Chiropractic for Blood Pressure?
[originally published in KCN, June 2007]
Have you ever played the game Word Association? You know, the game where someone says a word, and then the next person responds with a word that has some sort of association with it. For example, if I said “dog,” you might say “cat.” If I said “chiropractic,” you might say “back pain” or “spine.” What you probably wouldn’t say is “blood pressure” — unless of course your name happens to be George Bakris, M.D.
You see, Dr. Bakris is the director of the University of Chicago Hypertension Center, and he recently published a study in the Journal of Human Hypertension in which he found that chiropractic adjustments had a positive effect in reducing high blood pressure — significantly so. As a matter of fact, in a report by WebMD, Bakris stated that the chiropractic adjustment “had the effect of not one, but two blood pressure medications given in combination.” He added that it seemed to be “adverse-event free” and that they “saw no side effects and no problems.”
Bakris originally got the idea for the study when a colleague of his tipped him off that he was noticing a strange trend in his family medial practice. The doctor had been sending some of his patients to a local chiropractor (most likely for some sort of neck or back pain) — some of which also happened to have high blood pressure. What amazed the medical doctor, was not that his patients’ spinal pain had resolved, but that after seeing the chiropractor, his hypertensive patients saw their blood pressure normalize. Some were even able to stop taking their blood pressure medications altogether.
To see if there was any merit to his colleague’s observations, Bakris organized a pilot study consisting of 50 individuals with stage 1 hypertension. The study was conducted over an 8-week observation period using a double blind, placebo-controlled design. Twenty-five of the patients received a very specific one-time adjustment to the Atlas vertebra (the topmost bone of the spine), and the other 25 received a “sham” procedure. No antihypertensive medications were administered during the trail period.
In the report by WebMD, Bakris stated, “When the statistician brought me the data, I actually didn’t believe it. It was way too good to be true. The statistician said, ‘I don’t even believe it.’ But we checked for everything, and there it was.”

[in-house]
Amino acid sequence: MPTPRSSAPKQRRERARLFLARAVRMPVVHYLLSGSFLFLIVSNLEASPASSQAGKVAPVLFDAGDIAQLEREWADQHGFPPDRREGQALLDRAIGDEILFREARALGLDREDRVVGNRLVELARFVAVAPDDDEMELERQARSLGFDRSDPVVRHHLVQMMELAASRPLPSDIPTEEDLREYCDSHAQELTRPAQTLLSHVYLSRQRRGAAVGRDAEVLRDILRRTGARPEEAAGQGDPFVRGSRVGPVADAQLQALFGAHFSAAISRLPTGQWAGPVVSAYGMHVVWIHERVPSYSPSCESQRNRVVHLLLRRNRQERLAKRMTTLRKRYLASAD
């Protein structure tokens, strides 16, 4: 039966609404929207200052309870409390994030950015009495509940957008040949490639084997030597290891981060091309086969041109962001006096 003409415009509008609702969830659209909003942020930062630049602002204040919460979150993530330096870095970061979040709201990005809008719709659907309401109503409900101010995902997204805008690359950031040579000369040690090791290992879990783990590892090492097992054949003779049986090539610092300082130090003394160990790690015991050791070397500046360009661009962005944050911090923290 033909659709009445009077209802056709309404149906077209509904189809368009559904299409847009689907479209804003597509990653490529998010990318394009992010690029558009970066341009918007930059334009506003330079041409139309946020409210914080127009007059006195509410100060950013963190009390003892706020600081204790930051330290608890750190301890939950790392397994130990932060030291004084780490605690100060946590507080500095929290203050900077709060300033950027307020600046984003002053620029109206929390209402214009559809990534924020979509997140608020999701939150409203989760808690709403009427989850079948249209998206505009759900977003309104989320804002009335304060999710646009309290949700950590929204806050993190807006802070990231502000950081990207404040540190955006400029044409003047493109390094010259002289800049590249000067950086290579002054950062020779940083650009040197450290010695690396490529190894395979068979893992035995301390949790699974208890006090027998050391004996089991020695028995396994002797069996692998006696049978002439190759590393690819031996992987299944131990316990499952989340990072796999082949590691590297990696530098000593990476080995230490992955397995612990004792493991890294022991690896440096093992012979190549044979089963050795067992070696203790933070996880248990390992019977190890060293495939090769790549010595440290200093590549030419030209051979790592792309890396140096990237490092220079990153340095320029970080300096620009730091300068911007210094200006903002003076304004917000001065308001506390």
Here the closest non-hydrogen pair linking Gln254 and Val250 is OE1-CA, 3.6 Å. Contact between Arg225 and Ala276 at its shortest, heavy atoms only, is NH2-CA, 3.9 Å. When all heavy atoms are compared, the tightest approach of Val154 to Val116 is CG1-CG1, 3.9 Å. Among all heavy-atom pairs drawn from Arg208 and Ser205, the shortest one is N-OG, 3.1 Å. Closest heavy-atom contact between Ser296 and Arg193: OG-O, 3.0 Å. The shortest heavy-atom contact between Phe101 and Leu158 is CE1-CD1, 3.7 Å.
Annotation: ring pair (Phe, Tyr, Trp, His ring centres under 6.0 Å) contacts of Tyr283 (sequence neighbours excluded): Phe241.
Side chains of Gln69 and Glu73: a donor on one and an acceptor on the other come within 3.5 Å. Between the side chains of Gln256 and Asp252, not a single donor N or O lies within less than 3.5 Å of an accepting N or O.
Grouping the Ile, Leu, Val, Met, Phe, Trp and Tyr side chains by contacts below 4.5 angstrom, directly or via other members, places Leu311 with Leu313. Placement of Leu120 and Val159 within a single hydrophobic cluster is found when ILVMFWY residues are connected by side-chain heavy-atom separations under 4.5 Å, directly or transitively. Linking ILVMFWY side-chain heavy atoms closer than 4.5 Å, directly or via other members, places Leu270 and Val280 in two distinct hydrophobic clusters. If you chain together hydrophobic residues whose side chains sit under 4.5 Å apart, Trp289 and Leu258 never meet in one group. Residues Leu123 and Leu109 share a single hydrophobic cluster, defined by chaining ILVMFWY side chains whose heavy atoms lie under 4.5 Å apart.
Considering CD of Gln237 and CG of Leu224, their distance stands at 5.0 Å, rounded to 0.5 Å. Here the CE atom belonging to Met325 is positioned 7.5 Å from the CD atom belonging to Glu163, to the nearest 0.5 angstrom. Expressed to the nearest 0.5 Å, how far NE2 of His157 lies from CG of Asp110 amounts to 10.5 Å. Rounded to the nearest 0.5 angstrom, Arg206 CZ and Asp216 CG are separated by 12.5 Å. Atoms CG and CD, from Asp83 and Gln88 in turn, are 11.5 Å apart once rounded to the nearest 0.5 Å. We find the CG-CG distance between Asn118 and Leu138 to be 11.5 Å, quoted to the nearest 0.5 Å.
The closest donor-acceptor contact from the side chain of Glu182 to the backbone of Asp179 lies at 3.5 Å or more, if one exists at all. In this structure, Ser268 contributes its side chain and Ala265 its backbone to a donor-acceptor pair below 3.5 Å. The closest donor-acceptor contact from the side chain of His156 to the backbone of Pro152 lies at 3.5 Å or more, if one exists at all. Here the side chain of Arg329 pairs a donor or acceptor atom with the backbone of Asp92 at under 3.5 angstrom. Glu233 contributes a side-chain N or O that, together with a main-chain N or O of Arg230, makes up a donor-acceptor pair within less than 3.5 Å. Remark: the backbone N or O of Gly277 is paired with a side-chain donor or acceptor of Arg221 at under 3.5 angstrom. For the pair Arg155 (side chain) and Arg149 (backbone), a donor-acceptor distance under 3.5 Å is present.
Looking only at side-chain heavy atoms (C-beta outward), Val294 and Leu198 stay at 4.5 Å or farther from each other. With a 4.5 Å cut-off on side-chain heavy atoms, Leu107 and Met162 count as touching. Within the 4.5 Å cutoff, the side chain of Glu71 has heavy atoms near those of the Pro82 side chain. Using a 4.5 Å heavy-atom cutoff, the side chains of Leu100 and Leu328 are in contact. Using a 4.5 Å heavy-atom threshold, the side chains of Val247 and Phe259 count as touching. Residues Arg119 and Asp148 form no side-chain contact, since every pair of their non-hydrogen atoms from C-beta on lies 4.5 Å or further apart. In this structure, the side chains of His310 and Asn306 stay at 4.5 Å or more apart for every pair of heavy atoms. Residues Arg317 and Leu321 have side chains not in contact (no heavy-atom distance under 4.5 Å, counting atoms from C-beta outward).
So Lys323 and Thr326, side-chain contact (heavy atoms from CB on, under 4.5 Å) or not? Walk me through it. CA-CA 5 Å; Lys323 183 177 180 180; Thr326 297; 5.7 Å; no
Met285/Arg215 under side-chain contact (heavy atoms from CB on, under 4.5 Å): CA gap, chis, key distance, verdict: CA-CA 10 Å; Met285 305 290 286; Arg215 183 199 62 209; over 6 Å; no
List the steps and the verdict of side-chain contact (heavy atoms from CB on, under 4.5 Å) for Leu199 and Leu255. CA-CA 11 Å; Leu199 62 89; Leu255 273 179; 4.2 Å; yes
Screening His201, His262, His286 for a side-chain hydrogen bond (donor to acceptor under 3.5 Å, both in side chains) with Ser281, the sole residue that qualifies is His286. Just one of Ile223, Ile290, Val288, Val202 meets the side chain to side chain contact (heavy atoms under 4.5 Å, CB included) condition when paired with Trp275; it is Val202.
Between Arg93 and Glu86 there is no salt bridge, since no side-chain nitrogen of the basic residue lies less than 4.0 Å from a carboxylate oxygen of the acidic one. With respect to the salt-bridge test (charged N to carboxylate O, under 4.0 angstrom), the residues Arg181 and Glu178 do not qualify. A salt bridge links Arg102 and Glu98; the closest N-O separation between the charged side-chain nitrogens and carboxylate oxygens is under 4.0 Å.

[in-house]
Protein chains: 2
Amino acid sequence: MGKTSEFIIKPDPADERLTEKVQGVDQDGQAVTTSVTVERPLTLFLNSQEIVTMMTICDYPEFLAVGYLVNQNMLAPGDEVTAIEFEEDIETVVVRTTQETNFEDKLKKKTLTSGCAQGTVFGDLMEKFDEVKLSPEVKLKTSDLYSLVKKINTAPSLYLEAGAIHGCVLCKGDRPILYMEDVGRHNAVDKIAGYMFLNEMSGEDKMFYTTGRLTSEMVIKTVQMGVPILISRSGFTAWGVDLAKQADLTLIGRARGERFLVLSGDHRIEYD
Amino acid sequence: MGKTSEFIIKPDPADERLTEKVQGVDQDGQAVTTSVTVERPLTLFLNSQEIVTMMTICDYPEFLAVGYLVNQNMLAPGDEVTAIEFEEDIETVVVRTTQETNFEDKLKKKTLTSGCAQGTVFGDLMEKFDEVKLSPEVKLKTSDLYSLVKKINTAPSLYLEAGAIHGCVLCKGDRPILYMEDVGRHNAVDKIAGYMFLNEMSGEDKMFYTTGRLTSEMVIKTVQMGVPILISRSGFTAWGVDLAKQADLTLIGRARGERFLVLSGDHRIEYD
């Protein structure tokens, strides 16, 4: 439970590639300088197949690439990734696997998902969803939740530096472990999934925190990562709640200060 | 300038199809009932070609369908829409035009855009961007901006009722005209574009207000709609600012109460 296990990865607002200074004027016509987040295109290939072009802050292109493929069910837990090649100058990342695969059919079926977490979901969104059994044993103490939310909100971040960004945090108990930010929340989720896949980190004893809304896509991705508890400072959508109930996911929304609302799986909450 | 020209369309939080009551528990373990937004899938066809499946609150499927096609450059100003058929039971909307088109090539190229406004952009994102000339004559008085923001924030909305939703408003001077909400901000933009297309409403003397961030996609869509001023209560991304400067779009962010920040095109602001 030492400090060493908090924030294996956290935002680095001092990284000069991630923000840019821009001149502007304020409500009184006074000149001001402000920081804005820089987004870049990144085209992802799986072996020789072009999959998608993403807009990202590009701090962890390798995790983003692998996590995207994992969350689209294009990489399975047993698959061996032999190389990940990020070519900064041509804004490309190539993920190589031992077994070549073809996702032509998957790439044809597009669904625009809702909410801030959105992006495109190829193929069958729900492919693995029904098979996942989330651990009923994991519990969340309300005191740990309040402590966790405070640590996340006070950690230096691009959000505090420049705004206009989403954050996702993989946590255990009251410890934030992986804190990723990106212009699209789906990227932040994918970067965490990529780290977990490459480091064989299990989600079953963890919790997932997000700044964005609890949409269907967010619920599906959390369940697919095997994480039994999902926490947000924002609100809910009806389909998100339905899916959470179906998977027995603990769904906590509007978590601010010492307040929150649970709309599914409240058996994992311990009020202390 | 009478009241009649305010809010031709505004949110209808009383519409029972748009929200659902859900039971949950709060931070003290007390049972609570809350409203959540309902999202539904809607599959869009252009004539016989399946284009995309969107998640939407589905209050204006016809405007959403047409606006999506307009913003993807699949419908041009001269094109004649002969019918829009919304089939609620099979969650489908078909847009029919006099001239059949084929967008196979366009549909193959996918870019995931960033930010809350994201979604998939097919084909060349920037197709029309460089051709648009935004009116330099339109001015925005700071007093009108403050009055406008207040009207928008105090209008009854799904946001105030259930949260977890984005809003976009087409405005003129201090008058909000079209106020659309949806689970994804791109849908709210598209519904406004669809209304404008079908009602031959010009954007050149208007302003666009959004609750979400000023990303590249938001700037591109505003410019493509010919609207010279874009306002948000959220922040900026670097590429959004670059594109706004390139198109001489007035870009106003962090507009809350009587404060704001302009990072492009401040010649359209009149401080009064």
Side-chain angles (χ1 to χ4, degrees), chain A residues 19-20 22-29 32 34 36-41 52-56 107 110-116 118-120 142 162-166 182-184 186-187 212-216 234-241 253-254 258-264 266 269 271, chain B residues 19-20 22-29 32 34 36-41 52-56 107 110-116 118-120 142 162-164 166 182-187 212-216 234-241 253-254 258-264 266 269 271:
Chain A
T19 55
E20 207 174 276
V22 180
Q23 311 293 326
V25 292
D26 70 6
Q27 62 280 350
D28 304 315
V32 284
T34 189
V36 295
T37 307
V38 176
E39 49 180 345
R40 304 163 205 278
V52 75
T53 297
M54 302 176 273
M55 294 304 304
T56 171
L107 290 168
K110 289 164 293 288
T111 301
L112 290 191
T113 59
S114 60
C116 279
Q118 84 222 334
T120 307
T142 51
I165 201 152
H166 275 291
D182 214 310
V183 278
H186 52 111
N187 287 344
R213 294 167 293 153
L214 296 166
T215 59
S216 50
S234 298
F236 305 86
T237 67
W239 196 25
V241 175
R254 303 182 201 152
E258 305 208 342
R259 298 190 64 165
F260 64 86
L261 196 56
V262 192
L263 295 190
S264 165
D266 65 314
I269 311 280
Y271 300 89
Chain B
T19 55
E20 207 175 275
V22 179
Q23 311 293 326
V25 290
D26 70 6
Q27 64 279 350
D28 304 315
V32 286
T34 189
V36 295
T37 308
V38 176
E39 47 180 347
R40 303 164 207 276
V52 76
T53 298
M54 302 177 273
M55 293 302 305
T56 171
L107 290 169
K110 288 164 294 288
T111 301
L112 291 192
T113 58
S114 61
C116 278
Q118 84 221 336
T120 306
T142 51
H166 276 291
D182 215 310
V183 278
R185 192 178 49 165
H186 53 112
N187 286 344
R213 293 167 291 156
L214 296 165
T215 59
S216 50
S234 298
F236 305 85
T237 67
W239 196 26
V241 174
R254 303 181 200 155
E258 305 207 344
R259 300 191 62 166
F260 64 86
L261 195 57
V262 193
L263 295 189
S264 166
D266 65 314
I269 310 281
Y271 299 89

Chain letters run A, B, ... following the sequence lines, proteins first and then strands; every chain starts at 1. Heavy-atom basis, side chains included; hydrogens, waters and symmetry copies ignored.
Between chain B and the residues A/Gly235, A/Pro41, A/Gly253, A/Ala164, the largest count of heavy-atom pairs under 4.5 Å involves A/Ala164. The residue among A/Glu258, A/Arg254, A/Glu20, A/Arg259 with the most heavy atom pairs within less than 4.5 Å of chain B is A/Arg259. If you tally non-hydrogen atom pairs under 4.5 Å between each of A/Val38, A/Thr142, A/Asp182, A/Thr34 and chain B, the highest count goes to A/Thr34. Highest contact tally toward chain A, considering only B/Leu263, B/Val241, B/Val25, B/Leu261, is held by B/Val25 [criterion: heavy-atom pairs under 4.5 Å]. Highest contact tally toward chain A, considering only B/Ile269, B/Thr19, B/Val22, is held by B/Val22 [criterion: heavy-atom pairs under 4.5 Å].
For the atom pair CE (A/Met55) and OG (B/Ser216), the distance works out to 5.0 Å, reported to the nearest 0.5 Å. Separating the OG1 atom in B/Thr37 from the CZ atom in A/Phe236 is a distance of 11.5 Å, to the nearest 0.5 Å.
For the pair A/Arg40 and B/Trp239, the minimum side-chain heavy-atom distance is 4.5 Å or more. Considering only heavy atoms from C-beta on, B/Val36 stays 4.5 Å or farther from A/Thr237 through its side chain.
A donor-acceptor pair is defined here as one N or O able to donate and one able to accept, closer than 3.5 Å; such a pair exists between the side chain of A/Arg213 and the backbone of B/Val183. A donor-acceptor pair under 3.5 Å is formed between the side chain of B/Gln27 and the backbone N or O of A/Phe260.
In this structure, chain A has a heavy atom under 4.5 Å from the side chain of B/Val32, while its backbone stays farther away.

What they found was that even after 8 weeks those who got the “real” adjustment saw an average drop of 14 mm Hg in the systolic pressure (the top number of a blood pressure reading) and an average drop of 8 mm Hg in the diastolic pressure (the bottom number of a blood pressure reading).
All of the adjustments were administered by 84 year-old chiropractor Marshall Dickholtz Sr., DC of Chicago. Dr. Dickholtz specializes in a chiropractic technique known as NUCCA and has been doing so for 50 years.
There are still many questions to be answered. Dr. Bakris admits that not everyone with high blood pressure is going to be a candidate for this type of treatment. He stated that some sort of previous head or neck trauma is most likely a factor in all of this. Dickholtz added that the misaligned Atlas “triggers release of signals that make the arteries contract.”
This is interesting stuff and has the potential to help a lot people. Maybe one day we will see chiropractic adjustments right next to the recommendation for reduced sodium intake. While it is too early to advocate, or even suggest, flushing your hypertension medication down the toilet, having your spine checked for vertebral misalignments just makes good sense. Because when everything is aligned properly, the nervous system that controls all the functions of your body — including blood pressure — is just able to function better.
Bakris concedes that they are still in the early stages of research on this and is currently organizing a much bigger clinical trial.